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Whispering to become illegal?

4 September 2018

Imagine for a moment that you're engaged in a private conversation with a friend, in a public place.

You speak in hushed tones, not wishing to have your personal, and possibly sensitive discussion overheard by those nearby.

Suddenly, and without warning, two uniformed police officers appear in front of you and demand to know the exact details of what has been said.

You are told that if you do not comply with their orders to repeat your conversation so they can hear what was said, you will be locked up until you do.

Sounds outrageous... right?

This is the sort of thing that would only happen under the rule of a ruthless and paranoid despot... right?

Well no, it's actually the sort of thing that is already law or planned to become law in otherwise civilised Western nations such as the UK and Australia -- and now it appears that it may be coming to New Zealand

Okay, so we won't have jack-booted Stasi-like forces fronting up to your table in the local cafe and demanding to know what you're whispering about with a friend -- but we will have the next best thing.

I am, of course, talking about the thorny issue of encryption.

In this story, InternetNZ has called for a discussion on the fact that governments of the Five Eyes nations (which includes New Zealand) are considering "technological, enforcement, legislative or other measures" to circumvent end-to-end encryption over the Net.

Such measures could be as simple as requiring all encryption systems to have a "back door" which is available to Five Eyes agencies for the purpose of surveilling the contents of such encrypted communications.

This option has (naturally) outraged everyone and anyone who has the remotest understanding of cryptography. There is no such thing as a "safe" back door and attempting to force some kind of universal access will destroy the integrity and trustworthiness of such systems.

Another strategy is to introduce legislation that forces the parties involved in an encrypted exchange to hand over the keys "on demand". This is the equivalent of those nasty jackbooted thugs standing over you at your coffee table to which I alluded earlier. If you don't hand over the keys then it's off to prison with you... until you do.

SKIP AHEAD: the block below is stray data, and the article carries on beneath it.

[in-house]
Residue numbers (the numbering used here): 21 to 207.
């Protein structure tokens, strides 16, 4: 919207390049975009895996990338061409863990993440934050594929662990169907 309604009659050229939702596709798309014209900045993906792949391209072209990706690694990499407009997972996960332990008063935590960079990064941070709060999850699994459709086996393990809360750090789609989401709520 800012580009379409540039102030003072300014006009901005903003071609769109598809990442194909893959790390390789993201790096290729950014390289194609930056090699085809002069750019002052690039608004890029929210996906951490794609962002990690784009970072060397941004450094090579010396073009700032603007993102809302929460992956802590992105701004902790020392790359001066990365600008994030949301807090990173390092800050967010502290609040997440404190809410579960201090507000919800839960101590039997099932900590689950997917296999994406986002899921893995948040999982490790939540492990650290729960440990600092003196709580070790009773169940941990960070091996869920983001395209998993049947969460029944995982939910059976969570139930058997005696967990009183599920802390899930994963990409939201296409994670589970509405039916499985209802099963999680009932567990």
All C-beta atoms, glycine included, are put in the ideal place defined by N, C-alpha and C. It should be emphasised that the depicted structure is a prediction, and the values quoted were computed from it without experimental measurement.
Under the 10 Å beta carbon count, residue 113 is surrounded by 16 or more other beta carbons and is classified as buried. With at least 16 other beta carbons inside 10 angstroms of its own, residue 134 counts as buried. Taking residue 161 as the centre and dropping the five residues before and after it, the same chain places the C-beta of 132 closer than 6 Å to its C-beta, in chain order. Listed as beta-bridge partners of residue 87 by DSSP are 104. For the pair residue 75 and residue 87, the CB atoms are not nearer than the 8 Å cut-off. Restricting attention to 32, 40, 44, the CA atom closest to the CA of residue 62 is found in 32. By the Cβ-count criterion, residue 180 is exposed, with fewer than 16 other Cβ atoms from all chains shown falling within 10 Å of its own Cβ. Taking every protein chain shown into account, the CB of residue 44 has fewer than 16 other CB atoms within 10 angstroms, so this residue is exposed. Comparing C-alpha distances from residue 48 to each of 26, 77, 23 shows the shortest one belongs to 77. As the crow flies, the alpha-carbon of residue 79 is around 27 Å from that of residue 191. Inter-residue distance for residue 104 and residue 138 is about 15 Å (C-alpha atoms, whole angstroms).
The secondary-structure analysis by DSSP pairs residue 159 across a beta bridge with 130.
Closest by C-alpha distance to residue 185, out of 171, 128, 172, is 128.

If you've forgotten the keys -- or if they were one-time-use and thus have been irretrievably destroyed -- well that's just tough cheese and you'll rot in jail for the rest of your life (presumably). Remember... this applies even if your encrypted conversation was simply a link to a funny cat video on Facebook!

Now I'm sorry... but from where I stand, the right to privacy is an irrevocable human right.

If we are to be stripped of the right to speak with others in privacy then we are no longer being treated like human beings.

Of course "the powers that be" will tell us "we would never abuse this power" -- just like they never abused their power by using it unlawfully to surveil Kim Dotcom and scores of other NZers. Oh, and isn't Nicky Hager enjoying compensation for having been the victim of similar abuses not so long ago?

I'm sorry, but any claims of "trust us" from those who want to grant themselves the rights to listen to our every conversation are totally laughable in this context.

In recent times we've seen the spectre of "terrorism" and "national security" used as a feeble excuse for the erosion of huge swathes of our (formerly) inalienable rights. If the government thinks that we are going to accept jackbooted Stasi-type surveillance of our most private and intimate conversations under this faux premise then I for one will not stand for it -- and I would hope that every other person in the nation would make it very clear that neither will they.

What do readers think?

Even if we were all at imminent risk of terrorism, is it not better to die on your feet than live on your knees... dehumanised and abused by the very governments we elect to run our nation and preserve our rights?

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